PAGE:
HR 1 “for the people” Bill
H.R. 1, the “For the People Act,” which passed the U.S. House of Representatives on a party-line vote, should be renamed the, “For the Career Democratic Politicians Act.” This bill would take power away from the states, help elect Democrats, and protect career politicians. Yet that’s not the conclusion one would draw by reading the “news.”
Here’s the first line in the New York Times story about the passage of H.R. 1, “The House passed the Democrats’ showcase anti-corruption and voting rights legislation on Friday, an expansive measure that aims to dismantle barriers to the ballot box, end big money in politics and impose stricter ethics rules on federal officials.” “Anti-corruption?” Really? How does this bill crack down on public corruption?
Prosecutors have lost major public corruption cases in the past few years, including the prosecution of former Virginia Governor Bob McDonnel and current U.S. Senator Bob Menendez. The McDonnell case went to the U.S. Supreme Court, which issued a decision making it even harder to convict a public official for bribery. So, does the bill expand the definition of bribery? Does the bill make it easier to bring cases against corrupt politicians or even increase the criminal penalties? Of course not. The bill does nothing to combat public corruption.
So how else do the media mischaracterize the, “For the People Act?” The Times also claims the bill will “dismantle barriers to the ballot box” What? Are there barriers preventing Democrats from getting to the voting booths? Is that why they lost Pennsylvania, Michigan, and Wisconsin in the last presidential election? Has President Trump built a wall around voting booths in Democratic precincts? Of course not. There are no barriers to voting for eligible voters.
So what does the bill do? It forces states to automatically register to vote any eligible residents who apply to state agencies for benefits or services. It specifically includes students of state colleges and universities. It also requires the states to register all convicted criminals who become eligible to vote upon completion of their sentence. Coincidentally, the overwhelming majority of college students and ex-convicts vote Democratic. This is not dismantling any “barriers.” This is using taxpayer dollars to register potential Democratic voters.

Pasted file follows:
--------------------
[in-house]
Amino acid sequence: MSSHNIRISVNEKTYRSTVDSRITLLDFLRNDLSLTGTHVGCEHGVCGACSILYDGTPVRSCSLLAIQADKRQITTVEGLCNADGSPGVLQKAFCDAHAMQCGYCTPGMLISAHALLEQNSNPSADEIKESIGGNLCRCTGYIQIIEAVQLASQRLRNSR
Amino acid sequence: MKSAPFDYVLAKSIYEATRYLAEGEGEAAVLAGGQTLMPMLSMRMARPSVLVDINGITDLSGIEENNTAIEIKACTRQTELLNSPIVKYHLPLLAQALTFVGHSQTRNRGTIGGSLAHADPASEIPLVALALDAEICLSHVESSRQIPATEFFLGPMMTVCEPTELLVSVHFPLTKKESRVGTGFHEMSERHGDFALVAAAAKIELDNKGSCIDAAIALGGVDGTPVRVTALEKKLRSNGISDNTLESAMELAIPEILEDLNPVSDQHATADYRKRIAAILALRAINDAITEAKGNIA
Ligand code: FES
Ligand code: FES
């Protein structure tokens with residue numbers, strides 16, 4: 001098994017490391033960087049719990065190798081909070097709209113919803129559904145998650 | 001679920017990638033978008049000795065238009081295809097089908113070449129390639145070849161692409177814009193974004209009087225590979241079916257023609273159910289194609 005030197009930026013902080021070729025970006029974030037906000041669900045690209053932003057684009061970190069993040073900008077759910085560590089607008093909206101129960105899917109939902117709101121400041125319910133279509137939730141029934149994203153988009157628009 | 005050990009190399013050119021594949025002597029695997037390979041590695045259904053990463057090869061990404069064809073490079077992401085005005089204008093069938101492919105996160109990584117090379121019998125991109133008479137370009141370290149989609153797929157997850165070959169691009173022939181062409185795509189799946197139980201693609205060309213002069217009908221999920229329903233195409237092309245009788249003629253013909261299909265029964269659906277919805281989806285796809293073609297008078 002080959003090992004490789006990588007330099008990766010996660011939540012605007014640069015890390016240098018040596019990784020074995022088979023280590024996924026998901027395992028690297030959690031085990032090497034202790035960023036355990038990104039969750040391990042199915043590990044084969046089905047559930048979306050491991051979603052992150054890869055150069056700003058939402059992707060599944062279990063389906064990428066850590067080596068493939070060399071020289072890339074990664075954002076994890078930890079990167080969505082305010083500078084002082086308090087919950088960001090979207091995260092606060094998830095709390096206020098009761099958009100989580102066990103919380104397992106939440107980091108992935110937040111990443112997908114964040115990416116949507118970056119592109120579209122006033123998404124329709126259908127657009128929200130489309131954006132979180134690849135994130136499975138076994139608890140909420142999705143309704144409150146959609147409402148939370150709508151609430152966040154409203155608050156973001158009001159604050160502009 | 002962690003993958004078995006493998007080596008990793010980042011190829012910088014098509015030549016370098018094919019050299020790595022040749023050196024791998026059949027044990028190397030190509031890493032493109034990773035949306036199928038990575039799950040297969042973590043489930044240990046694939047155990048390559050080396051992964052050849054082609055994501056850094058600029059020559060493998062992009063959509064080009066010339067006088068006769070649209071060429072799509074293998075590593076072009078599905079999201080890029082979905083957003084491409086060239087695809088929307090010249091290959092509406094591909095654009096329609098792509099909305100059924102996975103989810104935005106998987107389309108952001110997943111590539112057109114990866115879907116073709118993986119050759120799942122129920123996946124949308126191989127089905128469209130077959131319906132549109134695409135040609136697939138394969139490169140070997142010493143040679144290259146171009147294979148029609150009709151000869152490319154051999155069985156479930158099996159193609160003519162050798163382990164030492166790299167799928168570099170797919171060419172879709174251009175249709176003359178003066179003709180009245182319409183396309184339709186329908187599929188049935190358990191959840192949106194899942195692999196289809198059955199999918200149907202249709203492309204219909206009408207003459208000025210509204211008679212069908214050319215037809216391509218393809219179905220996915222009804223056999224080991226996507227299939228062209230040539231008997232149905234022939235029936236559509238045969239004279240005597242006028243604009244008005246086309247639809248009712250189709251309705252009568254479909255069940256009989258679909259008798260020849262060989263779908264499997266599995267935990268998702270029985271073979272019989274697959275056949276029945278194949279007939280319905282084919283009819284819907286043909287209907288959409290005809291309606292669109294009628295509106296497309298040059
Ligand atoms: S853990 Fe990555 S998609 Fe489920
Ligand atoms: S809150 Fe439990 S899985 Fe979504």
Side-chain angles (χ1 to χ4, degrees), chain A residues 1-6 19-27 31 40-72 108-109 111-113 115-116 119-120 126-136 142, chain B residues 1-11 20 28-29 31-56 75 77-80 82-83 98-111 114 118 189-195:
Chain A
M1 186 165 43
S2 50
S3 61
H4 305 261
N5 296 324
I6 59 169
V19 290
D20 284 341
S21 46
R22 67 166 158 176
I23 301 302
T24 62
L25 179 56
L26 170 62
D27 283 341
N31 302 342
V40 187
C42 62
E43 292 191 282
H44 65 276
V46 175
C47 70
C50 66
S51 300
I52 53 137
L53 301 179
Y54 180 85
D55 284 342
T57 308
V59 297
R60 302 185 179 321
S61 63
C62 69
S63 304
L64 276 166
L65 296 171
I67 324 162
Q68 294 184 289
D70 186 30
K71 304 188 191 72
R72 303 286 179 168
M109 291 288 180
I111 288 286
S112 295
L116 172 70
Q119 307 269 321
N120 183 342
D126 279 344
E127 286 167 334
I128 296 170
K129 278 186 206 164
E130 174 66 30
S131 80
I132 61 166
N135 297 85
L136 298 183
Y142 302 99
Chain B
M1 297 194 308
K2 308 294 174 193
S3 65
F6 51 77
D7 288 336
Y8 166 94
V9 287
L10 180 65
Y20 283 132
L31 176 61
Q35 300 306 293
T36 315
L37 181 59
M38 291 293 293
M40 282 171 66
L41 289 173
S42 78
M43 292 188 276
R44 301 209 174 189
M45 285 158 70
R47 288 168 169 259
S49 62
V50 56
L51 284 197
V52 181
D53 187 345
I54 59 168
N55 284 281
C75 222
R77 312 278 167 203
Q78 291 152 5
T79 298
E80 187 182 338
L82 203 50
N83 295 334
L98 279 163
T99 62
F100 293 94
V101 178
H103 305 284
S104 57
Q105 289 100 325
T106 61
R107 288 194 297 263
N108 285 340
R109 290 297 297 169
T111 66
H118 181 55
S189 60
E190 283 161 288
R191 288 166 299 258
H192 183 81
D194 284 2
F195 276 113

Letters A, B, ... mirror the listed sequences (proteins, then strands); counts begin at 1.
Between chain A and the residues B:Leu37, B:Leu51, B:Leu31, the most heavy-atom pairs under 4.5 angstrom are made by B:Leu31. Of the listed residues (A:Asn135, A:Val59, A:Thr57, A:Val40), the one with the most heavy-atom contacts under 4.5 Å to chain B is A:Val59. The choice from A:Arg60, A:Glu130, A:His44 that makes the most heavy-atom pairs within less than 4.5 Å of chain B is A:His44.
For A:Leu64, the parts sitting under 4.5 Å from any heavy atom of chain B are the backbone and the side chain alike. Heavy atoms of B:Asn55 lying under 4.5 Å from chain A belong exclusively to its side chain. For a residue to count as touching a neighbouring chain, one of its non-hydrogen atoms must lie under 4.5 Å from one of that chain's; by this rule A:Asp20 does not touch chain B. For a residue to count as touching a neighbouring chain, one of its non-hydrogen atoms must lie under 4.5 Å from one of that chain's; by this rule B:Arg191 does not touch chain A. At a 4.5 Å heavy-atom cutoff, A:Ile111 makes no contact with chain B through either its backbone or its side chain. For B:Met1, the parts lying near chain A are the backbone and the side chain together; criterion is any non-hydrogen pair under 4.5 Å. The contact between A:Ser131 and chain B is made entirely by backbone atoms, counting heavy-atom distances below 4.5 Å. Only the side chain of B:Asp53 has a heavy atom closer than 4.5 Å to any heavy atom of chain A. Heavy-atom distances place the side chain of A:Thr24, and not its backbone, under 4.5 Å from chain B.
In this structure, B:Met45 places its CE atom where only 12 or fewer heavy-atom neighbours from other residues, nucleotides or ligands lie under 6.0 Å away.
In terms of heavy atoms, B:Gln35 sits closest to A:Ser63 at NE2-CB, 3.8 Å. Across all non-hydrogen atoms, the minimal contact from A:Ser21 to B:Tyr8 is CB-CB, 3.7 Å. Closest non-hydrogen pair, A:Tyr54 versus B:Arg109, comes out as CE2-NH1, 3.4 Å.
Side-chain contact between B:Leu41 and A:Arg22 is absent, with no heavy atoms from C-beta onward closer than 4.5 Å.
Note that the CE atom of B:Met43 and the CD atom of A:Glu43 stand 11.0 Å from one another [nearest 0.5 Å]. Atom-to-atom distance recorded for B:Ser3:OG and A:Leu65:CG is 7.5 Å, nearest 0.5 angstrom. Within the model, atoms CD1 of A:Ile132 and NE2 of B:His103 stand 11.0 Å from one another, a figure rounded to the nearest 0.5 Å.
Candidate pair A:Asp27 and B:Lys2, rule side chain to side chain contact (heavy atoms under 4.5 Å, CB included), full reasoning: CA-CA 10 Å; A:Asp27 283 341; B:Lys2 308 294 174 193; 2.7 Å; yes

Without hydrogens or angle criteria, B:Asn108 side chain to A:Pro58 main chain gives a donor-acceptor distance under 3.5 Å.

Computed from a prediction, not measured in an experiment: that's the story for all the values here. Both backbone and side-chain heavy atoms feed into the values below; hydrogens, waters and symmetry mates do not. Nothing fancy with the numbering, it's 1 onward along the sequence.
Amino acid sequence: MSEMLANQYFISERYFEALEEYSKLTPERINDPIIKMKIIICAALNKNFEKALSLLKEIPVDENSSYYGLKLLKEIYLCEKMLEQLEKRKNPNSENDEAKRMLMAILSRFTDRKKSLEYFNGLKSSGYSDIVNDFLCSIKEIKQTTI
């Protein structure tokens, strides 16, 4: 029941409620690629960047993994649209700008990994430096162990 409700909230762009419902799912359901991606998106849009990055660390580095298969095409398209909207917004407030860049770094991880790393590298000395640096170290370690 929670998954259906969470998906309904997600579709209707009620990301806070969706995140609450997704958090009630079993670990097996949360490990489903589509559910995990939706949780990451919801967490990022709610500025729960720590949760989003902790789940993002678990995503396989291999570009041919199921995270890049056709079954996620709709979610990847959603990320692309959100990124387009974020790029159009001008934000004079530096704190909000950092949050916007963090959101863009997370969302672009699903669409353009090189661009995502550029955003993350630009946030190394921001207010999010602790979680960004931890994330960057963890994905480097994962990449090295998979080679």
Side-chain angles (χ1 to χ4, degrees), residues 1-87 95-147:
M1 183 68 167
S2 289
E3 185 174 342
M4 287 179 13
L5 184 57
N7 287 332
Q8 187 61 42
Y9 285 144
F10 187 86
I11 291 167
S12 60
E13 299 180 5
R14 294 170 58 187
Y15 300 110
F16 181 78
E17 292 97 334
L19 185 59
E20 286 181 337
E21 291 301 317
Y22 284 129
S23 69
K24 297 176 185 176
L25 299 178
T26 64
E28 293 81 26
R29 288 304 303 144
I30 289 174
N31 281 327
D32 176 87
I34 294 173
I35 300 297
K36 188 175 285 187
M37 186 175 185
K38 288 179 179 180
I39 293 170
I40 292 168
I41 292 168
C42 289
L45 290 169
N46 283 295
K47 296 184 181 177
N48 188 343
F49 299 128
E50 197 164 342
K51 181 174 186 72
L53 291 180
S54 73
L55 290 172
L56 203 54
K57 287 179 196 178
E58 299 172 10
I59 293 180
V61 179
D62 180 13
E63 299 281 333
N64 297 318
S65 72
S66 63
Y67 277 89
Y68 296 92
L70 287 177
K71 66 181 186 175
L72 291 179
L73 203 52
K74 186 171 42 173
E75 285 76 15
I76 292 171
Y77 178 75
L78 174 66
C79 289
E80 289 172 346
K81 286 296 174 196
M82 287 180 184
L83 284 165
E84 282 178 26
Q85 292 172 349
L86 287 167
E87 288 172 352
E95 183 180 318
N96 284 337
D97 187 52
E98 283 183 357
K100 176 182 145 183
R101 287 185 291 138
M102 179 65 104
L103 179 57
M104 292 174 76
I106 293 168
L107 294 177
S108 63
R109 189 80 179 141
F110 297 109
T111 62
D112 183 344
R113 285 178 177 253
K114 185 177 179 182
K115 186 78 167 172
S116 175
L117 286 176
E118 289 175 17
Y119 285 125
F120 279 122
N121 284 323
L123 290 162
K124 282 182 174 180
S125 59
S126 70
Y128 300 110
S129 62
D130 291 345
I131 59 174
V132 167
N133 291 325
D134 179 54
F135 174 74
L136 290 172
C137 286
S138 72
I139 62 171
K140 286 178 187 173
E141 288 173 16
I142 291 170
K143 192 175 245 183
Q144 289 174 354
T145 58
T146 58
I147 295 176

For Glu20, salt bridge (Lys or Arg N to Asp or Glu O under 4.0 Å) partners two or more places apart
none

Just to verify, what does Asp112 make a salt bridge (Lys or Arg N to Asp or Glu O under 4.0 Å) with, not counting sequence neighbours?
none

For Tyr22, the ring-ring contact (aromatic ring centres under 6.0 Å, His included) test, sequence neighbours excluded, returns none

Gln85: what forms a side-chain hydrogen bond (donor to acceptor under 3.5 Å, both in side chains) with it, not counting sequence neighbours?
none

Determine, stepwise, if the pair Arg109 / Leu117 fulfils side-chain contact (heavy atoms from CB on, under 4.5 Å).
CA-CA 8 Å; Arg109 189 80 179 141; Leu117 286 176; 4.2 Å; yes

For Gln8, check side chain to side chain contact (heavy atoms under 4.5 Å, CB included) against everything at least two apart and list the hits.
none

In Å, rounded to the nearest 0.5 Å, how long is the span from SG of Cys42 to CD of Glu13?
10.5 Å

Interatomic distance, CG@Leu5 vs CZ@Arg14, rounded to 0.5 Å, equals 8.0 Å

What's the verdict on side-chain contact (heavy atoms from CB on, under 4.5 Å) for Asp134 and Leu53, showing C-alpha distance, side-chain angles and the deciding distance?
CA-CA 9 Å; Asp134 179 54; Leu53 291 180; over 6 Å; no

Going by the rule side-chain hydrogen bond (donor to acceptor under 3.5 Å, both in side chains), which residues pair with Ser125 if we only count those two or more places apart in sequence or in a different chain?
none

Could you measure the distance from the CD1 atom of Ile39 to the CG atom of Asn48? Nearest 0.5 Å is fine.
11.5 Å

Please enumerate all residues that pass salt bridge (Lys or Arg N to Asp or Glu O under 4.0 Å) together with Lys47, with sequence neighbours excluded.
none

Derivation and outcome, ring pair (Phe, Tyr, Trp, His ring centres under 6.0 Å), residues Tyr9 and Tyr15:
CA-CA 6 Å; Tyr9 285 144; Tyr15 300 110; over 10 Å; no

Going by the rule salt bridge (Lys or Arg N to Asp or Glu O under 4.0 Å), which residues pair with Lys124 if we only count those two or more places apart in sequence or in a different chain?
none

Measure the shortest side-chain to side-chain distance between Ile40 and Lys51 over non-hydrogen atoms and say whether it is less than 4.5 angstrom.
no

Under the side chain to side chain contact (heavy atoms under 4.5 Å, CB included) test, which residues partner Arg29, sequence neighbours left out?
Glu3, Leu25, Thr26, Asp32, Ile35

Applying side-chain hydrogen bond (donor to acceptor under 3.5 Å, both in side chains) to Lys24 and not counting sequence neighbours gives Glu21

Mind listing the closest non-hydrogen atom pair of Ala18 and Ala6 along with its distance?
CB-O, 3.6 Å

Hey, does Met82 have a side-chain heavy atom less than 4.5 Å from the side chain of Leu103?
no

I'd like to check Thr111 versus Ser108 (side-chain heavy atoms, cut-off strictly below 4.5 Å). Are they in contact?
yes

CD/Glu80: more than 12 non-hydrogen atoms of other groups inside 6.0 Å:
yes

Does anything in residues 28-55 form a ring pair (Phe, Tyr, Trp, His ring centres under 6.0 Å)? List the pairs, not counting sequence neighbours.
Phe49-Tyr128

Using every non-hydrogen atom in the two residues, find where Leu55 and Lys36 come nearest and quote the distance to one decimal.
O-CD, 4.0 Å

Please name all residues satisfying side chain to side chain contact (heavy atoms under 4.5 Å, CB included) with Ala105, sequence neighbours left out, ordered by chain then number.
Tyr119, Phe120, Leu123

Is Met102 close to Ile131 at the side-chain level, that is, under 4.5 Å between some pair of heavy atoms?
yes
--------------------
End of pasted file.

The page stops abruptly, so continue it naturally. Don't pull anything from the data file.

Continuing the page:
Speaker of the House Nancy Pelosi (D-Calif.), in promoting the bill, declared, “[We] must not suppress the vote of our newcomers to America.” Well, if the “newcomers” are noncitizens then we must, because it’s illegal for them to vote in federal elections. That’s why states, which have the constitutional authority to determine the qualifications of voters, have passed voter identification laws to require proof of eligibility before casting a ballot. Democrats wrote H.R. 1 to nullify these laws; the bill allows a potential voter to simply sign a piece of paper swearing they’re eligible instead of having to show identification. I wonder who “our newcomers” are more likely to vote for, Democrats or Republicans?
The Times also says this bill will, “end big money in politics?” How? The bill would require the federal government to match any donation up to $200 to a candidate’s congressional campaign by a factor of six. Donate $200 and the taxpayers will kick in another $1,200. The candidate must agree, however, to accept only these “small dollar” donations. But career politicians, who can raise big money, will not restrict themselves. Have any media asked Speaker Pelosi, who has served in Congress for over 30 years and outraised her last opponent by over 340 to 1, if she will limit herself to small donations in her next reelection? Not a chance.
The first candidate to reject public financing in a presidential election was Barack Obama in 2008, even though he had earlier pledged to accept it because it would “reduce the influence of moneyed special interests.” Why did Obama flip-flop? Because he started raising money hand over fist and did not want to be limited. He raised three quarters of a billion dollars in 2008. Hillary Clinton, who also rejected public financing, together with the Democratic Party and pro-Clinton PACs raised a record $1.2 billion in 2016. So, the idea that H.R. 1 will “end big money” in politics is absurd.
The bill would, however, get out the vote for Democrats. In addition to automatically registering college students and ex-convicts, the bill would create a paid holiday for federal employees on Election Day and allow them to take another six paid days off each year to work the polls. Of those federal employees who belong to unions, a much higher percent are Democrats. Of those who donate to politicians, they donate overwhelmingly to Democrats. So, if the most politically active federal workers receive an extra seven paid days off to work the polls, I wonder which political party they’ll be working for?
H.R.1 will consolidate power in the federal government, further protect career politicians and use taxpayer dollars to help get out the Democratic vote. Thankfully, U.S. Senate Majority Leader Mitch McConnell (R-Ky.) has declared the bill DOA in the U.S. Senate. And, for good reason, despite what the media would lead you to believe.
Marc A. Scaringi, Esq. Mr. Scaringi is an attorney in Harrisburg, Pennsylvania, a radio talk show host of The Marc Scaringi Show on WHP 580AM and I Heart Radio and a Donald J. Trump endorsed Delegate to the 2016 Republican National Convention.